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BUTTERFLY EFFECT, THE (director/writer: Eric Bress/J. Mackye Gruber; cinematographer: Matthew F. Leonette; editor: Peter Amundson; music: Michael Suby; cast: Ashton Kutcher (Evan Treborn), Amy Smart (Kayleigh), Eric Stoltz (Mr. George Miller), William Lee Scott (Tommy), Elden Henson (Lenny), Ethan Suplee (Thumper), Melora Walters (Andrea Treborn), Logan Lerman (Evan at 8), John Patrick Amedori (Evan at 13), Nathaniel de Veaux (Dr. Renfield), Cameron Crigger (Tommy Miller at 8), Irene Gorovaia (Kayleigh as a child); Runtime: 113; MPAA Rating: R; producers: Chris Bender/A.J. Dix/Anthony Rhulen/Lisa Richardson/J.C. Spink; New Line Cinema; 2004)
“This is not your typical absurd time travel fantasy film: it’s much worse.”

Reviewed by Dennis Schwartz

This is not your typical absurd time travel fantasy film: it’s much worse. It’s filled with psychological gimmicks and pseudo science and bad movie making techniques, all combined to make it one chaotic mess. It tells about memory loss due to blackouts and loses itself in that theme. There’s a jarring noise and a spiraling flashback whenever the earnest shaggy-haired Ashton Kutcher character, Evan Treborn, attempts in his unconscious state to remember the past and change his life to overcome his horrible memories starting from when he was eight. A dumb premise (maybe borrowed from New Line’s Frequency) that has Kutcher as now a bearded college psych major suffering from blackouts, as he tries to change the sordid events that ruined his life and his friends’ lives.

The team of writer-directors Eric Bress and J. Mackye Gruber are responsible for this horror show in their directorial debut; they also wrote Final Destination 2, another loser with a wild premise. The filmmakers half-heartedly shovel into this lazily drawn bogus sci-fi type of story some hot button topical issues such as child abuse, incest, and mental illness. There’s no rhyme or reason to any of this, but you should get a big headache if you stick around and watch this laborious nearly two hour film until its conclusion. It might be good to know for those who have not seen it yet, that you can walk out anytime after 15 minutes have elapsed and not have missed a single important development to the story.

The film picks up with Evan as an 8-year-old, as his concerned teacher confronts his harried nurse mom (Walters) with a violent drawing her son handed in for a project. This results in a visit to the shrink (de Veaux), who also treated his father incarcerated in a mental institution. The shrink advises he keep a journal, because medically there’s nothing wrong. A visit to his violent dad, results in an unprovoked attack on him and while being restrained the guards kill his father. There’s also a pervert friend of the family (Stoltz), who has his daughter Kayleigh pose nude with Evan while Kayleigh’s jealous brother Tommy is forced by his dad to leave the room. Tommy as a result turns into a sadistic kid who hates Evan. When Evan turned 13 the brother and sister are joined by friend Lenny, who is goaded by Tommy into putting a lit stick of dynamite into a neighbor’s mailbox. It explodes blowing the mother and her infant to pieces, as they go for the mail while the four children stood around and watched failing to warn her. Carrying on with this ‘how horrible childhood could be’ theme, sicko Tommy ties Evan’s pet terrier up in a canvas bag and sets it on fire.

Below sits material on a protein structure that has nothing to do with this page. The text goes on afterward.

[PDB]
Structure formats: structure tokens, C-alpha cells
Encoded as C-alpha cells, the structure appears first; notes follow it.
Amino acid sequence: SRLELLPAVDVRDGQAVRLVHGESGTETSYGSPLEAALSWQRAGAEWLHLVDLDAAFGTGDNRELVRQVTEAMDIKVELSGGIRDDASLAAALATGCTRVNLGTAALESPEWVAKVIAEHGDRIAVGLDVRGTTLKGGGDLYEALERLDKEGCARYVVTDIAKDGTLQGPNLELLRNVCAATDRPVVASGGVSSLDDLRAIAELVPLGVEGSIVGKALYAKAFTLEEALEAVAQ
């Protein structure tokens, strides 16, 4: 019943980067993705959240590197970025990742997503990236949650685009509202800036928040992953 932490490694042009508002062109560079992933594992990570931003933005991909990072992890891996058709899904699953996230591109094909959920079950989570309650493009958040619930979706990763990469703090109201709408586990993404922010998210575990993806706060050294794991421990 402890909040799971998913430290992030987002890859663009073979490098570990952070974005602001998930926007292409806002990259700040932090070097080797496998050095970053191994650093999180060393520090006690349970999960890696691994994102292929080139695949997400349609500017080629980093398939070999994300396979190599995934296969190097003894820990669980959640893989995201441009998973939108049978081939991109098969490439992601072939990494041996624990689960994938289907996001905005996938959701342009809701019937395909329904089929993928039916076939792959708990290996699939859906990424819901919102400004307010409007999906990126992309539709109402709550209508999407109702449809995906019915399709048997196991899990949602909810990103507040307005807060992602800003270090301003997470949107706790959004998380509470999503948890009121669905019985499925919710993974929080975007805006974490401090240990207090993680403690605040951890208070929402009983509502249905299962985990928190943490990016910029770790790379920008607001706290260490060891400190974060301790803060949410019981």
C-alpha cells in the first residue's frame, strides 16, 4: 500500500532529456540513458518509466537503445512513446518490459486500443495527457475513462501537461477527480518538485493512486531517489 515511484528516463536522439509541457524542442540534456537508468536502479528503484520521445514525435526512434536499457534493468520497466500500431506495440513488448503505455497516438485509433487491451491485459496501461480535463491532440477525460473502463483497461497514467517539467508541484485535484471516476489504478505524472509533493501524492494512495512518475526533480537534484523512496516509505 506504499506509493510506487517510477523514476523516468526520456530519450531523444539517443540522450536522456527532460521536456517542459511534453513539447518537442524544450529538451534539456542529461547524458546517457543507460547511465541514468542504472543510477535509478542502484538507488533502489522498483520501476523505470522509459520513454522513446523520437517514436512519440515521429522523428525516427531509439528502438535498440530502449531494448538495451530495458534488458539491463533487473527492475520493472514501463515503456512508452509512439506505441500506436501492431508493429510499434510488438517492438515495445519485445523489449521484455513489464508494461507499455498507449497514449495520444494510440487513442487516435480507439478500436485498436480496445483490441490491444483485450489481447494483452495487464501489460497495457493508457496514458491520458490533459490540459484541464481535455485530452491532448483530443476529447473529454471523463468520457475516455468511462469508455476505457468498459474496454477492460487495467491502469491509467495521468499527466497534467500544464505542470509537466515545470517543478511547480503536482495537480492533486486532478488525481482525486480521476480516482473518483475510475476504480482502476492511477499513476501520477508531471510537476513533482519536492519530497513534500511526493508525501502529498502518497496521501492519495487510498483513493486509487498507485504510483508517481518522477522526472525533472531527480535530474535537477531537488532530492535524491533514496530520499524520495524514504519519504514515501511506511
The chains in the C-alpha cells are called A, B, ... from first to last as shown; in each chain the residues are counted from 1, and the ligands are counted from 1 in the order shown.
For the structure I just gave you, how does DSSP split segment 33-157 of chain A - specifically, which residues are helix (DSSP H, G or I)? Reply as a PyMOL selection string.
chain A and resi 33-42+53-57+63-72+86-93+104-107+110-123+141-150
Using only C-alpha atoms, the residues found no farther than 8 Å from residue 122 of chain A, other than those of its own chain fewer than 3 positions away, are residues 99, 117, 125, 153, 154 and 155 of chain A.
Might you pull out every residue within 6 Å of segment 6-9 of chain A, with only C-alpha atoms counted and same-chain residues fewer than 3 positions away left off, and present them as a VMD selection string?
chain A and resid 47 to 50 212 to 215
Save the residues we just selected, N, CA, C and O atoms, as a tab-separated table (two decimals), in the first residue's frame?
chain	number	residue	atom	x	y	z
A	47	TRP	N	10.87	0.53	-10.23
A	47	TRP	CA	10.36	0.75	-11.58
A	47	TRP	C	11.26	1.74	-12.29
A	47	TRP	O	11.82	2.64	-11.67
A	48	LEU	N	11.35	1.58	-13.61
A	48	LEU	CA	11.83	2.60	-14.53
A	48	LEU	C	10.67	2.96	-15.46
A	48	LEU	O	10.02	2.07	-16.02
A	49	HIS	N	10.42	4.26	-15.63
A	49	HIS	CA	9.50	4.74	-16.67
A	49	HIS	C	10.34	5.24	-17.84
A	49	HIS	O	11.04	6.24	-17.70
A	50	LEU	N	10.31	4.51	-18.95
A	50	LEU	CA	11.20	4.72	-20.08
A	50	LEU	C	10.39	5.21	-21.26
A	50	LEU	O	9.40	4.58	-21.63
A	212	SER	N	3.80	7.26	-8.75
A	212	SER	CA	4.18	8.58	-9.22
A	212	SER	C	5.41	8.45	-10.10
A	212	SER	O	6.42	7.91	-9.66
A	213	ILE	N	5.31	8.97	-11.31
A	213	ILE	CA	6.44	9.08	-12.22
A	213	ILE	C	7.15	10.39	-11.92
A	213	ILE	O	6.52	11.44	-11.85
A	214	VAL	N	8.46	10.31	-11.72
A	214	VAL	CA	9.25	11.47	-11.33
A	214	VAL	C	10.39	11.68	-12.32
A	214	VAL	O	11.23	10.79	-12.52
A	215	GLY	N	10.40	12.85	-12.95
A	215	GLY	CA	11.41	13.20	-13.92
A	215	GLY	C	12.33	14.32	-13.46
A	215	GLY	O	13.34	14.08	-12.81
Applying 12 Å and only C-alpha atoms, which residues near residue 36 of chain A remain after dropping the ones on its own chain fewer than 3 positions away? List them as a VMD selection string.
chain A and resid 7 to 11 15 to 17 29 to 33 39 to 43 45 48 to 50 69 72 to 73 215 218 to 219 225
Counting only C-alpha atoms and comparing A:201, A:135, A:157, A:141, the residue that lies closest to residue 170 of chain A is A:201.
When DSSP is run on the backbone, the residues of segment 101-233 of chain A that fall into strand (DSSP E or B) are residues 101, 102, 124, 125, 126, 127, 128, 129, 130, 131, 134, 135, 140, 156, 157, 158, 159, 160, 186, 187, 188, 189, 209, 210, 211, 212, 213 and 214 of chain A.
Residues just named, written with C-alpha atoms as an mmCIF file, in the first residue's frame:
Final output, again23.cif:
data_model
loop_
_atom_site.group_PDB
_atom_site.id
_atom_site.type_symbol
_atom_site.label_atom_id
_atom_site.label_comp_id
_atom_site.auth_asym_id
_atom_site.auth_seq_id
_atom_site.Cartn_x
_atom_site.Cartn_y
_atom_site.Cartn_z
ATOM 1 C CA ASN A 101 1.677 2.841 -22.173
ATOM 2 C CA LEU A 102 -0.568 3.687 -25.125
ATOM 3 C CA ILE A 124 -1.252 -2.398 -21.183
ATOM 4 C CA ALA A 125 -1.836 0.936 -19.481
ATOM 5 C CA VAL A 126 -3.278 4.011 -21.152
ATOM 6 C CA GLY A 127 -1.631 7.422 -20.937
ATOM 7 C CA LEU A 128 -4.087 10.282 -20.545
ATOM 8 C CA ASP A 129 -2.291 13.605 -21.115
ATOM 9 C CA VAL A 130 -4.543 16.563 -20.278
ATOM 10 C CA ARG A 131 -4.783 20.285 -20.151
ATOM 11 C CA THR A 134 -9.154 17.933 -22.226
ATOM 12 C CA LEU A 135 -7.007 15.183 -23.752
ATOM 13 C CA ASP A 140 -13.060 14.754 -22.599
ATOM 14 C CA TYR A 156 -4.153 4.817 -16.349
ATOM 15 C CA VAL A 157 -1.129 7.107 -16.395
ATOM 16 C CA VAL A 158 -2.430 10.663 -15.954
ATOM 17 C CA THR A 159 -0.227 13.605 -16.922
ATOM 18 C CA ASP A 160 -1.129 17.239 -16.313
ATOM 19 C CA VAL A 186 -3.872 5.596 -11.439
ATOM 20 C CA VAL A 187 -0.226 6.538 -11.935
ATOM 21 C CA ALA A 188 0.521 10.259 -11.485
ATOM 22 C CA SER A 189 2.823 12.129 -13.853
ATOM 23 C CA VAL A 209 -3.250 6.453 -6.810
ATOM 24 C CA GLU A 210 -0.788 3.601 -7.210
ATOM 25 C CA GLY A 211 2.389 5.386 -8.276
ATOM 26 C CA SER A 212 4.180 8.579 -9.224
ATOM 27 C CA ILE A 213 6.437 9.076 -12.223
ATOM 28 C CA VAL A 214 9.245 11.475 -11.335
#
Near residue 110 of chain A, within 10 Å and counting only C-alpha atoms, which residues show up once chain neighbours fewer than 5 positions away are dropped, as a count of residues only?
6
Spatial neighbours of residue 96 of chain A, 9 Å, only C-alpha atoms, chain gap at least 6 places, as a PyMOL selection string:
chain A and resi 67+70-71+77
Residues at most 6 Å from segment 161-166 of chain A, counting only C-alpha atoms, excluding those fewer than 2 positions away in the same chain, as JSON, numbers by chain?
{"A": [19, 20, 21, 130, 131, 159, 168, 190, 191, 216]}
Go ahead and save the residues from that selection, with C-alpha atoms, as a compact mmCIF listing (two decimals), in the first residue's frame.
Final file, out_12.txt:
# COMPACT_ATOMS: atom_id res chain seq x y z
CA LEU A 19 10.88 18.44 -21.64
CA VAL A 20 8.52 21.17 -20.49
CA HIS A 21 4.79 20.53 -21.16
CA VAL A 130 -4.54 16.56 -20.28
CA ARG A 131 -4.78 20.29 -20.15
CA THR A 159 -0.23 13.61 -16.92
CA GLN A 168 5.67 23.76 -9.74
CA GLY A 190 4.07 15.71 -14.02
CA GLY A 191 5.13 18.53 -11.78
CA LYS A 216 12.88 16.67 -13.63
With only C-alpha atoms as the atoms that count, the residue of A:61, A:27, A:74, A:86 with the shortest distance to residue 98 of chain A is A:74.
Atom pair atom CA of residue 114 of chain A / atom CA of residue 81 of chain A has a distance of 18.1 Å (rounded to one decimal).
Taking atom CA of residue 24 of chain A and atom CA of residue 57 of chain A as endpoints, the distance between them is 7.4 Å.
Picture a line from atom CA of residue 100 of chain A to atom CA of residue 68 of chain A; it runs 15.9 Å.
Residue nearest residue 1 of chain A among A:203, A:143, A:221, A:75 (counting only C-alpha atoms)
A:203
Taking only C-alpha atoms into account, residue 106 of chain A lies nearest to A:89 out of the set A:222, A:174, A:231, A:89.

Through use of a plot device that has a hole as big as the Atlantic Ocean, Evan discovers that he can change things that happened by traveling back to the past by reading a few lines from his childhood journals (this far-fetched technique isn’t even attempted to be explained as to why it should work). But in reading from his journal Evan experiences something traumatic and after a nose bleed, he can change his behavior and that will alter how things turn out later on. The title is a reference to the chaos theory about a butterfly flapping its wings in one part of the world and possibly causing a typhoon in another part of the world.

If all these tragic events weren’t enough to tax your patience, Evan experiences more of the following: life as a mean-spirited frat brother while dating sorority sister Kayleigh (Smart), having his arms blown off in the mailbox explosion revisited, ending up as the prize package for neo-Nazi homosexuals when just arriving in prison for killing Tommy in self-defense, learning waitress Kayleigh committed suicide because he reminded her of the childhood incest, and visiting Kayleigh who is a facially scarred washed-up prostitute living in a dump.

The film drums into us that fixing the past is not an easy thing to do, as it creates more major problems each time something is thought of as fixed. The film splutters on in this inert mode until it fixes a conclusion it can live with, as it ends as unimaginatively as it was throughout. There’s plenty of absurdity to get your hands on, more than anything that requires even a passing thought. By the time it tries to clear the slate and return to reason, I lost track of all the rubbish unloaded and was just glad it was over and I could erase it from my mind as if I never saw it.


Dennis Schwartz: “Ozus’ World Movie Reviews”